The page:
Greg Jennings knows how to run routes. He knows how to get open. He will know where he is supposed to be when the ball is in the air.
Sam Bradford will know he can trust Greg Jennings from the first time he steps onto the practice field, which is something you won't get with another rookie.
Aside from Danny Amendola and current free-agent Mark Clayton, Bradford has not had that trust in any of his wide receivers. The importance of getting Bradford another dependable wideout cannot be overstated. It is just as important, if not more so, than getting help on the offensive line.
And Greg Jennings is attainable. That the Packers have Jordy Nelson, James Jones and Randall Cobb under contract for next year means Jennings is expendable, especially considering he is likely to command a contract in the neighborhood of the five-year, $55 million deal Vincent Jackson signed with the Tampa Bay Buccaneers last year.
$11 million a year is a lot of money, but if Jennings is fully recovered from his groin/abdomen injury, he will be worth every penny—if for no other reason than Sam Bradford will finally have a bona fide No. 1 he can trust.
I have to be honest with you, there are a lot of ways I could see the Rams going with the second of their two first-round picks.
I'm partial to Eric Reid because they need help at safety—as much as I like Craig Dahl, and I do, he's not a starting safety on a championship team—and I think their bigger need, wide receiver, would be better addressed by signing an established No. 1.
The Rams also need an outside linebacker, and there are three of them who will likely go in the first round. If the Rams brought one of them to St. Louis, I would not be upset.
If the Rams take Eric Reid, there are options in the free-agent market to fill the OLB need, namely Shaun Phillips (SD), Anthony Spencer (DAL) and Connor Barwin (HOU). Barwin seems the most likely of the three to get a franchise tag, but the other two should be available. Phillips will be the easiest—read cheapest—to acquire, as he will be 32 next year and the Chargers have plenty of depth at linebacker.
There are also intriguing options in the free-agent market for safeties should the Rams decide to draft one of those first-round OLBs.
If the San Francisco 49ers don't re-sign Dashon Goldson, he will be the prize free agent at the safety position. The problem is they are probably going to re-sign him or at least franchise-tag him. Even if they don't, Goldson will likely command a salary close to the $7-$7.5 million range of Antrel Rolle, Eric Berry and Troy Polamalu.
William Moore of the Atlanta Falcons is a more realistic free-agent option at safety. And he is a Mizzou product, which may give the Rams a leg up if they choose to pursue him.
From Pro Football Focus:
William Moore isn’t a household name, but he is a key piece on the defense of the undefeated Falcons. Moore has played every snap thus far this season and has an overall grade of +4.9. While he isn’t flashy, he is a very dependable player. The Falcons have expanded his role this year and utilized him as a blitzer 23 times. He has responded with six total pressures with one of those a sack, making him the second most productive blitzing defensive back in the NFL. Moore is just now coming into his own and his best days are ahead of him. He is offering a potential new team a dynamic, playmaking safety.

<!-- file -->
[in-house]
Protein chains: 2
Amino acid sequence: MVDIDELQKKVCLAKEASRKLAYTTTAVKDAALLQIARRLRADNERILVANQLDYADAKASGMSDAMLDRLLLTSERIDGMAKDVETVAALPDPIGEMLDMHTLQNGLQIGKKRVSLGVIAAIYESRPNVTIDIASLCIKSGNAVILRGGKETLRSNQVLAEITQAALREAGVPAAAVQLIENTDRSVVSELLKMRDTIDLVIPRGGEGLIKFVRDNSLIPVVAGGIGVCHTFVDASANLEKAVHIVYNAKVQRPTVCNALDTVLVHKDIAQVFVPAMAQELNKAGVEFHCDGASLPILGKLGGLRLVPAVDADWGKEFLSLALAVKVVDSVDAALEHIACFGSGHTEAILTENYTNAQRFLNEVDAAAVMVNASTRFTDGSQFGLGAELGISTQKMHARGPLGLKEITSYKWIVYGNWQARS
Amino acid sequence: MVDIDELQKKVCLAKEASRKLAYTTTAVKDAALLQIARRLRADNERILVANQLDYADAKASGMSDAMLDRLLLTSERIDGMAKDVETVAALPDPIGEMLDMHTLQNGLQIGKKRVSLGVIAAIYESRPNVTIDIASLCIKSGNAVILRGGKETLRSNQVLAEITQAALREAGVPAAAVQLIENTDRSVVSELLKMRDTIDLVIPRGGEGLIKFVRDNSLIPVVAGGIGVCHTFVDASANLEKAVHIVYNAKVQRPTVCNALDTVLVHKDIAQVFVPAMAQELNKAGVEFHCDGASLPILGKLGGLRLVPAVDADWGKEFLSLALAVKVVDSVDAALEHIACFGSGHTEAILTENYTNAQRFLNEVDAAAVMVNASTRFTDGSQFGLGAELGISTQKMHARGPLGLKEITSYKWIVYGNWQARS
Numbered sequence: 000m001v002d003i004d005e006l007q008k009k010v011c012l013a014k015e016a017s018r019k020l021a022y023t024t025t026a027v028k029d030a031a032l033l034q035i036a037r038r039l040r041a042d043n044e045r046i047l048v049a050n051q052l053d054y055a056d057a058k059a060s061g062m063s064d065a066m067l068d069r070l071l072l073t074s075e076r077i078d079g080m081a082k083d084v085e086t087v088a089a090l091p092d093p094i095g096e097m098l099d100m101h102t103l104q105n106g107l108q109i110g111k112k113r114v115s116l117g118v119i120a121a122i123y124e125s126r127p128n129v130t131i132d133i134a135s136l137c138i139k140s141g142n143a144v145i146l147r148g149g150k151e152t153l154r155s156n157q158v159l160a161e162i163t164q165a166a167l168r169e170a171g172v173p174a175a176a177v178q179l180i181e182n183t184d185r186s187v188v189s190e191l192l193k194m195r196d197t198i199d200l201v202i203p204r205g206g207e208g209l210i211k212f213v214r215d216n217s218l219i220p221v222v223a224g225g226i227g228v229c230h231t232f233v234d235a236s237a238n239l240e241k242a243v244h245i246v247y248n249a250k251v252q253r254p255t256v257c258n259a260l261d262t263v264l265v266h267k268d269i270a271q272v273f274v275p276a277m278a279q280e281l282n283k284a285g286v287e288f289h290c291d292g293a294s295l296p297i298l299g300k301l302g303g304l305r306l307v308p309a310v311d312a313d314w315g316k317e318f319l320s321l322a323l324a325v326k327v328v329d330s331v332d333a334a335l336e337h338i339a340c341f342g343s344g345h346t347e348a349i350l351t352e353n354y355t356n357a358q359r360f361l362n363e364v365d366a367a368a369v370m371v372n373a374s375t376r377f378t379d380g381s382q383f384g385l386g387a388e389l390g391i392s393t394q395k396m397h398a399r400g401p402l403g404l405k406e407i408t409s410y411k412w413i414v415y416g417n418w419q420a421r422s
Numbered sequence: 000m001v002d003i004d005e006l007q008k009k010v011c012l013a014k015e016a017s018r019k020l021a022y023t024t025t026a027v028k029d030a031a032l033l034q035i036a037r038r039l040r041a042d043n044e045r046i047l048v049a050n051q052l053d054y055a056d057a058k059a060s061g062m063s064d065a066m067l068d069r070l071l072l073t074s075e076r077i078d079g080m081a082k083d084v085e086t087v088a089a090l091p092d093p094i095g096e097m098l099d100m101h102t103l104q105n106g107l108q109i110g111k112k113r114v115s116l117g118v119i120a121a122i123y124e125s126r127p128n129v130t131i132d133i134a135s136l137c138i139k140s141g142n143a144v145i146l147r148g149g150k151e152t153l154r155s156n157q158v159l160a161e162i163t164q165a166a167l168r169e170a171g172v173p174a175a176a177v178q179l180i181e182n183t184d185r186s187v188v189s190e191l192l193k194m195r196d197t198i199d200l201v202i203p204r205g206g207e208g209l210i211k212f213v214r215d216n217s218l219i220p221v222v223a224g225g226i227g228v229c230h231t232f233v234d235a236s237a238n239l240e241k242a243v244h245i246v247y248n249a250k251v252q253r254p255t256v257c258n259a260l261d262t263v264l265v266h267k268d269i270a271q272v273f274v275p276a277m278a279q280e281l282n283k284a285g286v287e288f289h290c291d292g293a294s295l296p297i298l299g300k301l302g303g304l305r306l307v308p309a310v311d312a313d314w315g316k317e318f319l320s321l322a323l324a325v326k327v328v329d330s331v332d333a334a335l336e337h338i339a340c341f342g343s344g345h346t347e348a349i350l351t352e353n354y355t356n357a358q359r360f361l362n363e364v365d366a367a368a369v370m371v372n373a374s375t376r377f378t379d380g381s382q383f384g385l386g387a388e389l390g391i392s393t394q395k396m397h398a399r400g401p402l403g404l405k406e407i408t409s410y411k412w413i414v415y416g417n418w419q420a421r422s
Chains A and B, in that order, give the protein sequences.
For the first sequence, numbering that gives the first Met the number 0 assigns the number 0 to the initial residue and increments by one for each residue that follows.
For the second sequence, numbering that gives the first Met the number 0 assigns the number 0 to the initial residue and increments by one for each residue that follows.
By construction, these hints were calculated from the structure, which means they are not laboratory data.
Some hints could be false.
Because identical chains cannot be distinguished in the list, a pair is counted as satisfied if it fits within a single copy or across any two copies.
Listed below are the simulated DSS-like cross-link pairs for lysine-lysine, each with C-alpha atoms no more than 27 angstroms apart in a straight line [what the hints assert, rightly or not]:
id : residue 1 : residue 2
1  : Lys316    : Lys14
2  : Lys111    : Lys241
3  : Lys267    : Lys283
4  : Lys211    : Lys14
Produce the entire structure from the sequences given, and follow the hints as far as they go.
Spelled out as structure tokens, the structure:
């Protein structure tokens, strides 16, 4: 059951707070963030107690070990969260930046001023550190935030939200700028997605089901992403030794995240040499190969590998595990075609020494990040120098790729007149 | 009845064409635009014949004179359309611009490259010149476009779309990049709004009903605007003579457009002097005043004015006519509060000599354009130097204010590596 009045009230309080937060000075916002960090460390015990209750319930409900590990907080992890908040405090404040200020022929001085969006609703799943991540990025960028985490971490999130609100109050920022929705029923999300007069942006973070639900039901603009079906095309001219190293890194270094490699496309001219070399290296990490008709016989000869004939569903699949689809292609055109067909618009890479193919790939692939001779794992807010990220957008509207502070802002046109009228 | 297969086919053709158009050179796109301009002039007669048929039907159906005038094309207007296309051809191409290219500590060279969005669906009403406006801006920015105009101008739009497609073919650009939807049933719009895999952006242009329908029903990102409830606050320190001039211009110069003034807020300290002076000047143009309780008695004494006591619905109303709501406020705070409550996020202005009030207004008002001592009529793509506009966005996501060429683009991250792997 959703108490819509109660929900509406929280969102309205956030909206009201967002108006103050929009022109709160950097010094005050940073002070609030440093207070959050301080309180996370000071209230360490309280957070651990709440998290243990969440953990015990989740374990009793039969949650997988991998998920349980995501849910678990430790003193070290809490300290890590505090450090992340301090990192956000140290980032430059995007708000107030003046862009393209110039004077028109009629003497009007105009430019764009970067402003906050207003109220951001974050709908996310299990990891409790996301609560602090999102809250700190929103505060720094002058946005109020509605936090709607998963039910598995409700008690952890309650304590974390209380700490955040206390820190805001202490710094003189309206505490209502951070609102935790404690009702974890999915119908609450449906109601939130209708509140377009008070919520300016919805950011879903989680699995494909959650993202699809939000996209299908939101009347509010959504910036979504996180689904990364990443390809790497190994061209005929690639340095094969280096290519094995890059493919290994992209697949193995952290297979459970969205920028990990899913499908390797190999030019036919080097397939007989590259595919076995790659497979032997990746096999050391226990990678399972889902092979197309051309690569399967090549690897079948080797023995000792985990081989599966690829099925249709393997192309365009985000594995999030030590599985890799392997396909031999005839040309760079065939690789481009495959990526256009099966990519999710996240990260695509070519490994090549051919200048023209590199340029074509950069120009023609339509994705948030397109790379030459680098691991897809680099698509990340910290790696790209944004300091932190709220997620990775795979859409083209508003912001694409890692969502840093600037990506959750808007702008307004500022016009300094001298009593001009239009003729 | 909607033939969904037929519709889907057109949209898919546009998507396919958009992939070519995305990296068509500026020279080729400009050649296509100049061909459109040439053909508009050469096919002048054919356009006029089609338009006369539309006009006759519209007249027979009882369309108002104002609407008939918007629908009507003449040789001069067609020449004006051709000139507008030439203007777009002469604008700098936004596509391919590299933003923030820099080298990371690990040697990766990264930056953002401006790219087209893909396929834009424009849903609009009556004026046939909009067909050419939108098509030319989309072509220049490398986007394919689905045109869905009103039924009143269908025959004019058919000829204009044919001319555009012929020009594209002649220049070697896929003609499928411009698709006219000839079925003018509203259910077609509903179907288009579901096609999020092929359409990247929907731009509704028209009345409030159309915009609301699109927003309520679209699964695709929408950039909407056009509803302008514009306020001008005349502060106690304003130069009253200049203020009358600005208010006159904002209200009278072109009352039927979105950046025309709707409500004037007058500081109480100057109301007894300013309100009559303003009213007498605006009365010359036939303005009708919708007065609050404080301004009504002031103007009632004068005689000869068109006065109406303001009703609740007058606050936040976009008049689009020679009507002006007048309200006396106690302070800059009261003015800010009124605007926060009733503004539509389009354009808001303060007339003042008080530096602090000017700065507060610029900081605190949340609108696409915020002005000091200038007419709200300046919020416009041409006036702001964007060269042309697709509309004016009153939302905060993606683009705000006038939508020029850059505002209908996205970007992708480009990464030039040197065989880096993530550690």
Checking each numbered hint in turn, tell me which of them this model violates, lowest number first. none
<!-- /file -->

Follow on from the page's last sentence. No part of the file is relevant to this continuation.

The only problem with William Moore is his injury history.
Eric Reid could be an A+ NFL safety for a long time. If I'm the Rams, I draft Reid this year, take an OLB in the third round or later and/or bring in Shaun Phillips as a temporary stop-gap until I can draft another OLB next year or the year after that.
Notre Dame's Tyler Eifert (pictured) may not be there for the Rams in the second round; he is projected to go at the end of the first or somewhere in the early half of the second.
If he is not available, either Zach Ertz of Stanford or Jordan Reed of Florida could wind up wearing Rams blue in 2013.
Jordan Reed was selected to the John Mackey Award preseason watch list. The award is presented annually to college football's best tight end. But Zach Ertz appears to have the edge at this point in the season.
Many Rams fans are looking at Dustin Keller on the free-agent market. I can't deny that he would be a good fit, having played in Brian Schottenheimer's offense when Schottenheimer was the offensive coordinator for the New York Jets.
I would not be surprised to see Keller with the Rams next year, but in my scenario, it makes more sense to draft one of the top three tight ends because you could potentially get a very good player and you'll definitely pay a lot less for him than you would for Dustin Keller—even though Keller's inconsistent play this season has cost him a chance at a huge payday.
And the Rams need to save a little money because they still have one more free agent to sign.
Even with the offseason acquisition of an established No. 1 receiver and the continued maturation and development of Brian Quick and Chris Givens, it is still absolutely imperative that the Rams re-sign Danny Amendola.
Every team needs a slot guy, and Amendola is one of the best in the business. Perhaps most importantly, he's the only receiver currently on the roster that Sam Bradford trusts implicitly.
Whatever anyone else offers him, the Rams have to match it.